Japan's nuclear clock is 10 minutes out

Click to follow
The Independent Online

For 55 years, it has borne witness to the precise hour and minute Nagasaki was flattened by an American A-bomb. But new evidence suggests that the stopped clock on display in the Nagasaki Atomic Bomb Museum may have the time completely wrong.

For 55 years, it has borne witness to the precise hour and minute Nagasaki was flattened by an American A-bomb. But new evidence suggests that the stopped clock on display in the Nagasaki Atomic Bomb Museum may have the time completely wrong.

Meteorological records from 9 August 1945, the day of the bombing, suggest the United States may have dropped thebomb on Nagasaki about 10 minutes earlier than was thought. Kyodo News cited a senior official of the Nagasaki Marine Observatory as saying that, judging by a sudden leap in air pressure recorded by an observatory three miles south of ground zero, the bomb probably went off at 10.52am, not 11.02 as the clock attests.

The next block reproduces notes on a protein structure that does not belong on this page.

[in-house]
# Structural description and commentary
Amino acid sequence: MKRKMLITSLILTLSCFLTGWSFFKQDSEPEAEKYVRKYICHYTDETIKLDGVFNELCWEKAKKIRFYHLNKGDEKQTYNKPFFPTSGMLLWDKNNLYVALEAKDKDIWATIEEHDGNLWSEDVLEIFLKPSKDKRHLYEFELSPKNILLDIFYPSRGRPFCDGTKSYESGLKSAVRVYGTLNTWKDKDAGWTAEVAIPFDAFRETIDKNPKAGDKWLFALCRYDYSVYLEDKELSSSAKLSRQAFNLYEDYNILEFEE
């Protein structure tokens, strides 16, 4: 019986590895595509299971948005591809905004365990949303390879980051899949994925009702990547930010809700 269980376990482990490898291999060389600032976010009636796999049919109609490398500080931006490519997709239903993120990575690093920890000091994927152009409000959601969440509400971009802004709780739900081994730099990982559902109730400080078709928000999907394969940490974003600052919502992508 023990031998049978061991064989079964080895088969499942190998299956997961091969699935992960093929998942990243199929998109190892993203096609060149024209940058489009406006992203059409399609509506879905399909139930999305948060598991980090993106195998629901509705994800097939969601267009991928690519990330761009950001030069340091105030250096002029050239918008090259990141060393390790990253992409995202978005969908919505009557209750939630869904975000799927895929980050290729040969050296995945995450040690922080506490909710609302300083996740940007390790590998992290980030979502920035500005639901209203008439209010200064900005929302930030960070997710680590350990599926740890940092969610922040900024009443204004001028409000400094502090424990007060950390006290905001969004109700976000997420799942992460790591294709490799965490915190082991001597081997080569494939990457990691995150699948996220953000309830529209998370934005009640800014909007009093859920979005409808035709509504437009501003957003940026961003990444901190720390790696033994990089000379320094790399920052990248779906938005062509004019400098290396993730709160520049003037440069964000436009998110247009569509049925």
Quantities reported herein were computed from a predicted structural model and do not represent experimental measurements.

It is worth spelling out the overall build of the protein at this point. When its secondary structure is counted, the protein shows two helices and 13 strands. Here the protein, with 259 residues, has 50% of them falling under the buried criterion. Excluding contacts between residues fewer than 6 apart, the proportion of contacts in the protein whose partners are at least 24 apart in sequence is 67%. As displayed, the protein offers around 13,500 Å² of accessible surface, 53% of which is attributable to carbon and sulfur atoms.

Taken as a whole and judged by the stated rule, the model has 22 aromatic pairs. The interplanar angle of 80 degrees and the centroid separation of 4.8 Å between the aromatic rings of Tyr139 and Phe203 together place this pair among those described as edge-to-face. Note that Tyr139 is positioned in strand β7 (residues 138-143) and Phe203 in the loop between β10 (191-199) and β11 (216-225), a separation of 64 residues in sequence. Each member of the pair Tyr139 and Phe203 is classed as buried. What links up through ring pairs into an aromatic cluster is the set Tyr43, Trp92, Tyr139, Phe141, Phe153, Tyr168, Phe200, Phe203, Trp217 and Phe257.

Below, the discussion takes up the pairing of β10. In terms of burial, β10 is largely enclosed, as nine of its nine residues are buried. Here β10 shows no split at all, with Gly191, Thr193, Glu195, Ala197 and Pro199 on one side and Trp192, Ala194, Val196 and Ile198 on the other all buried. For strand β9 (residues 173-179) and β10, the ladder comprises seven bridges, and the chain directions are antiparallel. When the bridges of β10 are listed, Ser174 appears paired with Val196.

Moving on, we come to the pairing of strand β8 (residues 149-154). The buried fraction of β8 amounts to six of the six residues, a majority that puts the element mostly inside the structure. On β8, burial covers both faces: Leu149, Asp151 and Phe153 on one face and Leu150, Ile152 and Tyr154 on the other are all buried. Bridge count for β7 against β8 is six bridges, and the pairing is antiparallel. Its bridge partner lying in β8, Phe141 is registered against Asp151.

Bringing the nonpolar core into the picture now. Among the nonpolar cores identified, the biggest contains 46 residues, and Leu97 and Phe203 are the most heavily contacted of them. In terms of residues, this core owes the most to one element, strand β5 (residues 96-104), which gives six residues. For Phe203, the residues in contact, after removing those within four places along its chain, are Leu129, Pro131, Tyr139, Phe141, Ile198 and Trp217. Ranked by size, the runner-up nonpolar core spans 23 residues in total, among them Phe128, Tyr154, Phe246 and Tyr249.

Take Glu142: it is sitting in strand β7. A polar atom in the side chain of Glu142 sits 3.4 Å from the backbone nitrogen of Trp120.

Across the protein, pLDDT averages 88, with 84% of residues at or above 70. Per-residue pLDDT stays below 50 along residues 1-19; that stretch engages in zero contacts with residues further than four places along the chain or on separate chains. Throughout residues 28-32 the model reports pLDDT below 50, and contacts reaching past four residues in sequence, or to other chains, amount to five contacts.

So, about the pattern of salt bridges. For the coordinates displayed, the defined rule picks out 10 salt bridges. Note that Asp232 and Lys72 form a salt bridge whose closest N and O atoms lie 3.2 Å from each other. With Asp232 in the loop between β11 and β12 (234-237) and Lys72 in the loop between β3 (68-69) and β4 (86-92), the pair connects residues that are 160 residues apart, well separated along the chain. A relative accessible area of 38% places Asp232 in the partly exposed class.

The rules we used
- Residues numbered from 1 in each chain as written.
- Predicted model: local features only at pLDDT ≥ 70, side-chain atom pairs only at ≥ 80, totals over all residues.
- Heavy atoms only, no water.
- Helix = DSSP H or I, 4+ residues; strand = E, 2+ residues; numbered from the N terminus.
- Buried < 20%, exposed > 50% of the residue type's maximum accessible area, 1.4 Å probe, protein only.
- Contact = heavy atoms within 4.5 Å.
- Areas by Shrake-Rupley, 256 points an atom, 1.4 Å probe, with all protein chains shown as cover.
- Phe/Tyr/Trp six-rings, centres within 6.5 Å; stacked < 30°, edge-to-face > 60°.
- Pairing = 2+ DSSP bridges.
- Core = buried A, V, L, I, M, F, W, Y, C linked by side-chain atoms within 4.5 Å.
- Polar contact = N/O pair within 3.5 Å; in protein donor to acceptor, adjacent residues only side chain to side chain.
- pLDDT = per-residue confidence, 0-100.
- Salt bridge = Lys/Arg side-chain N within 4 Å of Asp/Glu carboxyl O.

The US seized the meteorological records after the Second World War and only returned them in 1976, the newspaper said. The finding contradicts an official statement filed immediately after the bombing by the governor of Nagasaki, Wakamatsu Nagano, who gave 11.02am as the time of the explosion. It also flies in the face of the evidence presented by the clock. Its hands are clearly frozen at just past 11.

With the exception of 8.15am, the instant the atomic bomb exploded over Hiroshima on 6 August 1945, no other moment is etched more vividly in the Japanese psyche than 11.02am. Every year on 9 August, many in Nagasaki and elsewhere in Japan pause at that time to remember the victims. Out of a population of 240,000 the Nagasaki bomb, nicknamed "Fatman", killed 73,000 people.

Comments